How to Start a Running Club

How to Start a Running Club
Running in and of itself will give you an endorphine high, but running with a group on a regular basis can offer you both support and a structure to help you attain your goals. You and your buddies will be able to share insights, breakthrough moments, solace and laughs along the way.
 

Instructions

Difficulty: Moderate

Getting Started

Step 1
Think about YOUR goals. Do you want to train for a 5K or something bigger, like a marathon? Do you simply want companionship? Are you running to take off weight? Do you want to share all the great things you've learned about running with others? If you don't plan ahead, the club you create may not serve your needs. That's not to say the club can't evolve, but at least get it started in the direction YOU'RE running.
Step 2
Find like-minded runners. Network at local running shoe stores, your gym, the nearby college's track, the information building at a park down the street. Chat with coworkers who have been talking about their exercise programs and neighbors you've seen jogging. The Internet is a wonderful resource and can be used to build the club, but there's no substitute for meeting folks face-to-face to find runners who will help you craft the framework of your new organization.
Step 3
Discuss goals and the club's format at your first meeting. If you have beginners and marathoners in the same room, you'll need to decide if you're up for the task of managing such a diverse group. Chances are, to start with, you're not. So let the folks whose goals differ from yours form their own subgroup or schedule.
Step 4
Figure out a running schedule. If it's a small club, the schedule conceivably can have some flexibility to it, but frankly, it's better to pick a specific day or days of the week and stick to that schedule.
Step 5
Figure out the distance you'll run. If it's a small group and you're all at the same level of fitness, that should be pretty easy. As the level of fitness and the size of the club grow, there will be a need for longer runs. What works well is to have a regular conditioning run of the same length one day a week--5 miles, for example--and then a longer run of varying lengths on another day of the week, often on the weekend when there's more time.
Step 6
Make the meeting location or start point convenient. People hate driving long distances to exercise. The weekly conditioning run could be at the same place week-in week-out; the longer run could rotate to different spots that offer a variety of challenges--like sand or hills.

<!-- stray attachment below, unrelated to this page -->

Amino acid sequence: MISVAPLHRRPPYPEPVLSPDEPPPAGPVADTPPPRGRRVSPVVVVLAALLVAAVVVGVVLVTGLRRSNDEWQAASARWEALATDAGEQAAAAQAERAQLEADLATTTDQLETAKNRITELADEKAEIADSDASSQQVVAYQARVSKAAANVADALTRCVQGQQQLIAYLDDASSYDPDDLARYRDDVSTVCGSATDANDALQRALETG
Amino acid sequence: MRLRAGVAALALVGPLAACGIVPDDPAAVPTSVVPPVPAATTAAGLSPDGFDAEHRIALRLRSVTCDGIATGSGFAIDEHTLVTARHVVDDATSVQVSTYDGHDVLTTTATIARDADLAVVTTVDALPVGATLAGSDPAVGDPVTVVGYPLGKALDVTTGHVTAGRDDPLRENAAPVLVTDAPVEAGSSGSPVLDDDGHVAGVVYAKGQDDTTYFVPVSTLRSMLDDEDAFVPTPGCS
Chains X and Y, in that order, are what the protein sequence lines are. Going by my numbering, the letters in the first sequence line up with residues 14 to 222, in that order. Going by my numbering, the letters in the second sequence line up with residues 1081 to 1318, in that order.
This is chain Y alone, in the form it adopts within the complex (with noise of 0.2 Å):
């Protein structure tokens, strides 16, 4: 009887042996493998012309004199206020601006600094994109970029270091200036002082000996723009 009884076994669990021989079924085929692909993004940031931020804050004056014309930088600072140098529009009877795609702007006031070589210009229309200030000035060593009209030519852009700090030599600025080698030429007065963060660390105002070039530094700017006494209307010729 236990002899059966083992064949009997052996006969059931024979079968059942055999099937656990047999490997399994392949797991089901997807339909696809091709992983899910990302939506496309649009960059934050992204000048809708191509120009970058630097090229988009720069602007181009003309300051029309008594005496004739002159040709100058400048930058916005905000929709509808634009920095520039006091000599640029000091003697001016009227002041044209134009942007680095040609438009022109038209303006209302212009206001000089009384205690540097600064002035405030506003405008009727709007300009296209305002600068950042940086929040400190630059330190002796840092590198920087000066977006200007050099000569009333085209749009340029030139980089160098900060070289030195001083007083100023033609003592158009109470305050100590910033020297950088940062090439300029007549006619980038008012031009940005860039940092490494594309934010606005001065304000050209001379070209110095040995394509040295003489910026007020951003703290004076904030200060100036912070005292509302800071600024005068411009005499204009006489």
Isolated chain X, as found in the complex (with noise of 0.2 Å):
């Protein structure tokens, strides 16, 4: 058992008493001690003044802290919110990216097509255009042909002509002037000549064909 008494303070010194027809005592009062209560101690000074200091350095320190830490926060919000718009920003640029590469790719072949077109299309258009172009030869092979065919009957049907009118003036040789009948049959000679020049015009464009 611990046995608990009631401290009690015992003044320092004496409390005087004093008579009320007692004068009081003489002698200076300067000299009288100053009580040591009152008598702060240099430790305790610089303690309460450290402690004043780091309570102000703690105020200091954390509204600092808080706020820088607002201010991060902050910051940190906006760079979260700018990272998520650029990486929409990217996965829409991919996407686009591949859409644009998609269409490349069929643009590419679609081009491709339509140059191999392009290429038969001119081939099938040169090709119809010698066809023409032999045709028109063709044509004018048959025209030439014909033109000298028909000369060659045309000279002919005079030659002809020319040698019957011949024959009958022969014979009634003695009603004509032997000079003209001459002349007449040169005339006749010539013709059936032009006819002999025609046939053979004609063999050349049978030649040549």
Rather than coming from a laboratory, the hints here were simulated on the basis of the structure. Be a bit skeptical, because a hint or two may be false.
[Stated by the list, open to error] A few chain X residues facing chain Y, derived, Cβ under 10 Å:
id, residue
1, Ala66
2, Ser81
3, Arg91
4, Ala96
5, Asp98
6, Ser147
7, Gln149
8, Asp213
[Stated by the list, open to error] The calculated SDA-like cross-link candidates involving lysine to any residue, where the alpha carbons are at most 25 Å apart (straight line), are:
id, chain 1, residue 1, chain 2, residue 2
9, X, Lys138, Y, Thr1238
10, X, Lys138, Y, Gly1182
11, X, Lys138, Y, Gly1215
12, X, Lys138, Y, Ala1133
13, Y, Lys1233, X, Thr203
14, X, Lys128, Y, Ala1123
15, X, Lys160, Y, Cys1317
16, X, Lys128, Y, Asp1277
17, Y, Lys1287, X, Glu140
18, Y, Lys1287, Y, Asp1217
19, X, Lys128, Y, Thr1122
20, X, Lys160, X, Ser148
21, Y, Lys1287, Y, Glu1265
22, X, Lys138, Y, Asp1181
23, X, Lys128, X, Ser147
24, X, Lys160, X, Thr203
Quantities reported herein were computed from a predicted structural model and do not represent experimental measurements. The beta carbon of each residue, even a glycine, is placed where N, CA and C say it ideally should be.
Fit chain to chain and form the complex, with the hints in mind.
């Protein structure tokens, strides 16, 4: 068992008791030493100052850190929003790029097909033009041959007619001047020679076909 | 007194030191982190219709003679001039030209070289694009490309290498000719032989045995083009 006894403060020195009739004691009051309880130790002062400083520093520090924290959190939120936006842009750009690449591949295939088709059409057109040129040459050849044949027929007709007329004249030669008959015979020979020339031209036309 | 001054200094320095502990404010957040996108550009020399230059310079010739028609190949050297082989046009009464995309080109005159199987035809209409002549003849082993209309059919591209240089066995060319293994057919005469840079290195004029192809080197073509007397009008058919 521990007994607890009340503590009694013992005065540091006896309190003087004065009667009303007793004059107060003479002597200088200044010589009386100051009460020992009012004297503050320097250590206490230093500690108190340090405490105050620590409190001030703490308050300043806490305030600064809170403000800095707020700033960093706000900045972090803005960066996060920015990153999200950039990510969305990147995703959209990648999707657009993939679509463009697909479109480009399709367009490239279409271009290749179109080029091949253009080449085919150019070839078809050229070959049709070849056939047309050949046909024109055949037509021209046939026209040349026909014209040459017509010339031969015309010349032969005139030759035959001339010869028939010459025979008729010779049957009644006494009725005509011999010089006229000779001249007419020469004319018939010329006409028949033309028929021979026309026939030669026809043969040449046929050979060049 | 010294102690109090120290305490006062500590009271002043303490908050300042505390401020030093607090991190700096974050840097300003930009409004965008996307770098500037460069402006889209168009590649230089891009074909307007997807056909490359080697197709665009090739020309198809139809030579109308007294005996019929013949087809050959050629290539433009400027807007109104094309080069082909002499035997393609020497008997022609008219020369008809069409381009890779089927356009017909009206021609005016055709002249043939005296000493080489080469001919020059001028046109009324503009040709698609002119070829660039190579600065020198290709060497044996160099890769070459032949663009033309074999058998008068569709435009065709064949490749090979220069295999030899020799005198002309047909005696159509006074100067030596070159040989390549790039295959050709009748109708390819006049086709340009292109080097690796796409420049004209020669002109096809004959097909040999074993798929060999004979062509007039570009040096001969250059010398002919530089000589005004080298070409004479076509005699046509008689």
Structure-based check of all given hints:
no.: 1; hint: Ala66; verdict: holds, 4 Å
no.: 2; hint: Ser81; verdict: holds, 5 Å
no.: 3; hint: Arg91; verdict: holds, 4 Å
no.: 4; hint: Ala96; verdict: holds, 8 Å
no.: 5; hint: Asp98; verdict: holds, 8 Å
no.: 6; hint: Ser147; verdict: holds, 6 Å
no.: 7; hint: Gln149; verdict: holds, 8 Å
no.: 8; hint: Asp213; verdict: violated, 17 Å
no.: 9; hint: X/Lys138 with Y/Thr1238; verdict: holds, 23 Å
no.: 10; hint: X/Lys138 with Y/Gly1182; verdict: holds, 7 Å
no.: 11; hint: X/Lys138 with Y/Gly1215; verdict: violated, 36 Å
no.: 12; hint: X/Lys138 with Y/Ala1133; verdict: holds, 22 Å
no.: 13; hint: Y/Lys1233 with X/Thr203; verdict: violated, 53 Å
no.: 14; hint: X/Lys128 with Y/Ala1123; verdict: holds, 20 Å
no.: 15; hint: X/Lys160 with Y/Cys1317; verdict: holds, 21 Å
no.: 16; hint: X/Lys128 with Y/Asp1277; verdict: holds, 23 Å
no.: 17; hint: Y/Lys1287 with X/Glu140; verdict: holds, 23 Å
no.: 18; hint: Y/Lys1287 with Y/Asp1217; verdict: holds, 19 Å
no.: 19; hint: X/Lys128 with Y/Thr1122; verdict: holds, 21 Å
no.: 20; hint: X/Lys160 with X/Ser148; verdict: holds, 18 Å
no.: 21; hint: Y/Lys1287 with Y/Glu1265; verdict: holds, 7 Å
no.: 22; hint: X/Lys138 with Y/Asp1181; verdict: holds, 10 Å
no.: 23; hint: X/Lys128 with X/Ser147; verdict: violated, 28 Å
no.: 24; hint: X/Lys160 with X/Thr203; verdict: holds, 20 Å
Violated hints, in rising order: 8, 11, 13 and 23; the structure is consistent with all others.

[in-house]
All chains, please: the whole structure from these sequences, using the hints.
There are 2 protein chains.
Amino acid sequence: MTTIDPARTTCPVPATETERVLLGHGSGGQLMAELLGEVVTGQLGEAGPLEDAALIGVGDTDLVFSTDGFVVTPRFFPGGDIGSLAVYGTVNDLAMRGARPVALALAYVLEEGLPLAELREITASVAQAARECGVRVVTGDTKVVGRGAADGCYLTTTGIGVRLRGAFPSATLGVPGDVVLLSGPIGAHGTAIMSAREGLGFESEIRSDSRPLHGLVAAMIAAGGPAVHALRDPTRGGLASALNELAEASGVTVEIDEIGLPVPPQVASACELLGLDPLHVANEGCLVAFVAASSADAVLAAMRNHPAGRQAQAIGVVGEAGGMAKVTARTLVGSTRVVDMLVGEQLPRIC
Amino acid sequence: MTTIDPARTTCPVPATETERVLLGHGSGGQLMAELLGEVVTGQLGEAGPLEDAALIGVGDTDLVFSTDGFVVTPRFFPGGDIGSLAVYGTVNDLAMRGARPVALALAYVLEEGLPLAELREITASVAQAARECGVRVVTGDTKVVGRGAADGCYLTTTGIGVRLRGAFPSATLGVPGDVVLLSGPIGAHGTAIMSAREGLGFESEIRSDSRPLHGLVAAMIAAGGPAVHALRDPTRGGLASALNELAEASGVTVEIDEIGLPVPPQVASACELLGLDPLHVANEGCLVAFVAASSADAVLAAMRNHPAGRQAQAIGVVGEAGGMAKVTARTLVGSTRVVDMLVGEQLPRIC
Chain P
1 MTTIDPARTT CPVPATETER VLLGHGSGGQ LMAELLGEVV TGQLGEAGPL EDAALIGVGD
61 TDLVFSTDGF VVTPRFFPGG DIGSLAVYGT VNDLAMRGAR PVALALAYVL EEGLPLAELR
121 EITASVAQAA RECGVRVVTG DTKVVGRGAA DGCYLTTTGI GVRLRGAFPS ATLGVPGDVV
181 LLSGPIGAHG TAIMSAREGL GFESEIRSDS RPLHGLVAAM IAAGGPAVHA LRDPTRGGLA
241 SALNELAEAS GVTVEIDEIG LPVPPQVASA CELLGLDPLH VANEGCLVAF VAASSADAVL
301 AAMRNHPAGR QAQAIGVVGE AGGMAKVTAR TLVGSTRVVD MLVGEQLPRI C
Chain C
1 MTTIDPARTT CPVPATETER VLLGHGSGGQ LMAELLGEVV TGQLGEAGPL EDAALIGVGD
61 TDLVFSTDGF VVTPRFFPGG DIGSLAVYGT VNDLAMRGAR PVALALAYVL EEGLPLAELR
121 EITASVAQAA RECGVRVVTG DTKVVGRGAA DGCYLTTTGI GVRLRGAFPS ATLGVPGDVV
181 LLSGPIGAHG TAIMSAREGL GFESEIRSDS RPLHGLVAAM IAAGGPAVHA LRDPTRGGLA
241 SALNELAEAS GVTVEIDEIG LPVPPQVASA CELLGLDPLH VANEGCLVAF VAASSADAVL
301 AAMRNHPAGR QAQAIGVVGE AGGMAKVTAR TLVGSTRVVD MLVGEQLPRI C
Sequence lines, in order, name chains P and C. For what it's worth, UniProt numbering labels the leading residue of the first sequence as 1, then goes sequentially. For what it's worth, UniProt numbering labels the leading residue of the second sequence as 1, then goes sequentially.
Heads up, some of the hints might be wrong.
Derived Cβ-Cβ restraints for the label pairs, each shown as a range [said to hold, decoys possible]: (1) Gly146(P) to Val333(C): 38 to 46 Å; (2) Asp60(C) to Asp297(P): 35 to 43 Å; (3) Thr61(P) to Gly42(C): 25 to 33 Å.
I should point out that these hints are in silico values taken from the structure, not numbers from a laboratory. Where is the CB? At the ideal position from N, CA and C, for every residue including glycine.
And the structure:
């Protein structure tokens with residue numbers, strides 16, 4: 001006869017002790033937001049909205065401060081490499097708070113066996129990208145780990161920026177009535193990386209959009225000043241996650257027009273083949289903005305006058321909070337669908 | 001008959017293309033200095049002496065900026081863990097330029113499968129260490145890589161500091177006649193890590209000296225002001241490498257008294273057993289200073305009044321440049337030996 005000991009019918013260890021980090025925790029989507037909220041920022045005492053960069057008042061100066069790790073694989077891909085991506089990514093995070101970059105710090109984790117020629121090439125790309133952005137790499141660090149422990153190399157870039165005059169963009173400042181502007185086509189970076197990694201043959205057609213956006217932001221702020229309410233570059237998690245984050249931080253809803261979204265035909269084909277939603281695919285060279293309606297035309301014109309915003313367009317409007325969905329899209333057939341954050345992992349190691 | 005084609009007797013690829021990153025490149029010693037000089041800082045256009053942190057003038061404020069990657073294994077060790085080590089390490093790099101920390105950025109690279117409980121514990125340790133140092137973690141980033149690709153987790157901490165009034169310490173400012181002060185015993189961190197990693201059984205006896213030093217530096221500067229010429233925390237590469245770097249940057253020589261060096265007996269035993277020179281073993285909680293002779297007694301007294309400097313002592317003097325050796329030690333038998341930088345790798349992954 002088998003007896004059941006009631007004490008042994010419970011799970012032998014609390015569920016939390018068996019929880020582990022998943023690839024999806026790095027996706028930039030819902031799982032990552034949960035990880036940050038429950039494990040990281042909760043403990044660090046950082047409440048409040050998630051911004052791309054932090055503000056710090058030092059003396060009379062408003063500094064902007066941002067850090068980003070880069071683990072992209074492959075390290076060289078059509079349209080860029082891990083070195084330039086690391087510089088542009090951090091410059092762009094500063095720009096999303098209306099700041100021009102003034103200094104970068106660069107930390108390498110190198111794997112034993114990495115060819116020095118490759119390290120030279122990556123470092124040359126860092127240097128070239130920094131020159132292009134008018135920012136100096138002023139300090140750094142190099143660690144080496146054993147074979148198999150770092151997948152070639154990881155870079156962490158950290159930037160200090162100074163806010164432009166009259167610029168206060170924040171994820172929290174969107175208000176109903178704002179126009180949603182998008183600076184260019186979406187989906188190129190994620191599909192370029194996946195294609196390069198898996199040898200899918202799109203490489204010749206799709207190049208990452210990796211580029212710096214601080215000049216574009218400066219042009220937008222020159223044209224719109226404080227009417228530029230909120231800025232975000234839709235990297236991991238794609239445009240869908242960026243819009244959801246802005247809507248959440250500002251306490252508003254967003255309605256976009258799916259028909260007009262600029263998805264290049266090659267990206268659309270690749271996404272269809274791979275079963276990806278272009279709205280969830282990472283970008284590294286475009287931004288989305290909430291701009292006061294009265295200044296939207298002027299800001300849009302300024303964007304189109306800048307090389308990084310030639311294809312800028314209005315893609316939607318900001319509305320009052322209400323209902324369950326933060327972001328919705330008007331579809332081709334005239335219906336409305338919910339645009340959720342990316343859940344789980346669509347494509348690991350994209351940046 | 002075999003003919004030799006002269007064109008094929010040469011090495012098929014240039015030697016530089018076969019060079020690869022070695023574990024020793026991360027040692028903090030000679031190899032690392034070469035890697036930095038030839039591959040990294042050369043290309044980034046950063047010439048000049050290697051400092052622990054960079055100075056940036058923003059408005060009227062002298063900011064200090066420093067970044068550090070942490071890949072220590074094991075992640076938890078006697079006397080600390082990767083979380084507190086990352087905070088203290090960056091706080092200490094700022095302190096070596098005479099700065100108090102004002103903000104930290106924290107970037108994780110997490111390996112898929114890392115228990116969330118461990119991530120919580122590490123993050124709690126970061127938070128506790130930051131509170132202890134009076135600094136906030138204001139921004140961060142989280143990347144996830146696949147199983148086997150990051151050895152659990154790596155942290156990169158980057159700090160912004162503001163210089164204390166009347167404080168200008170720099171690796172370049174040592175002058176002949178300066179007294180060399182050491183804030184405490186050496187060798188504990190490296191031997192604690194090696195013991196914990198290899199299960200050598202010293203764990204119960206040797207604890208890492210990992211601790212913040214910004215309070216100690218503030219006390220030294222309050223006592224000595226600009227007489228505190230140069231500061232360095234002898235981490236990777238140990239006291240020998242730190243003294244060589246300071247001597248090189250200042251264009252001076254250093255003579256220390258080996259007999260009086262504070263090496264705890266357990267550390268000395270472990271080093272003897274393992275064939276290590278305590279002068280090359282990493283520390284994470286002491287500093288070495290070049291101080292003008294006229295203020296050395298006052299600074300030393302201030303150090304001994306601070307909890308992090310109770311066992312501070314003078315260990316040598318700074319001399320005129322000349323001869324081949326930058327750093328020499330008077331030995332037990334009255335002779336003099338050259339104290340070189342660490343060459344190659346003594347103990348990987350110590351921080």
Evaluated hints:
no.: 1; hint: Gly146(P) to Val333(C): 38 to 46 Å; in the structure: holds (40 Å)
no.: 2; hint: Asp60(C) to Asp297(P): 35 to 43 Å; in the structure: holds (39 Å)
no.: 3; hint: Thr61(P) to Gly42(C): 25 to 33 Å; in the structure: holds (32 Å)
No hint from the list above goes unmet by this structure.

Tips & Warnings

 
After you and your fellow runners have met your initial goals, set new ones so the energy stays fresh. Has club attendance dwindled? Time to do some publicity and networking. On the personal front, is it time to increase your distance and go for a bigger prize like a mini-marathon?
 
Know your limitations. If you have a stress fracture or tendinitis, don't keep running with the club to save face. You'll hurt yourself in the long run. Respect the limitations of others. Sometimes the strongest support you can offer is encouraging a runner to seek medical help or to rest from an injury. Set up a phone tree to notify people if there absolutely has to be a cancellation or set guidelines: Yes, we will run in the rain. No, we won't run in thunderstorms. Don't make promises you can't keep. If the group wants to run at 6 a.m. and you're loathe to run in the morning, don't let yourself get talked into that. You'll end up hitting the snooze button and skipping running altogether. Don't let things get more elaborate than you can handle. If you find yourself spending more time creating T-shirts, raising money for cancer and supporting the local park rather than running, re-evaluate why you started the club.
 
Know your limitations. If you have a stress fracture or tendinitis, don't keep running with the club to save face. You'll hurt yourself in the long run.
 
Respect the limitations of others. Sometimes the strongest support you can offer is encouraging a runner to seek medical help or to rest from an injury.
 
Set up a phone tree to notify people if there absolutely has to be a cancellation or set guidelines: Yes, we will run in the rain. No, we won't run in thunderstorms. Don't make promises you can't keep. If the group wants to run at 6 a.m. and you're loathe to run in the morning, don't let yourself get talked into that. You'll end up hitting the snooze button and skipping running altogether.
 
Don't let things get more elaborate than you can handle. If you find yourself spending more time creating T-shirts, raising money for cancer and supporting the local park rather than running, re-evaluate why you started the club.

Article Written By Nancy Beverly

Nancy Beverly has been a writer for over 30 years. Her work has ranged from plays performed at the world-reknown Actors Theatre of Louisville to scripts on network television. As a freelance journalist, she writes for the Sierra Club newspaper "TRACKS" and has over 60 articles on eHow.com.

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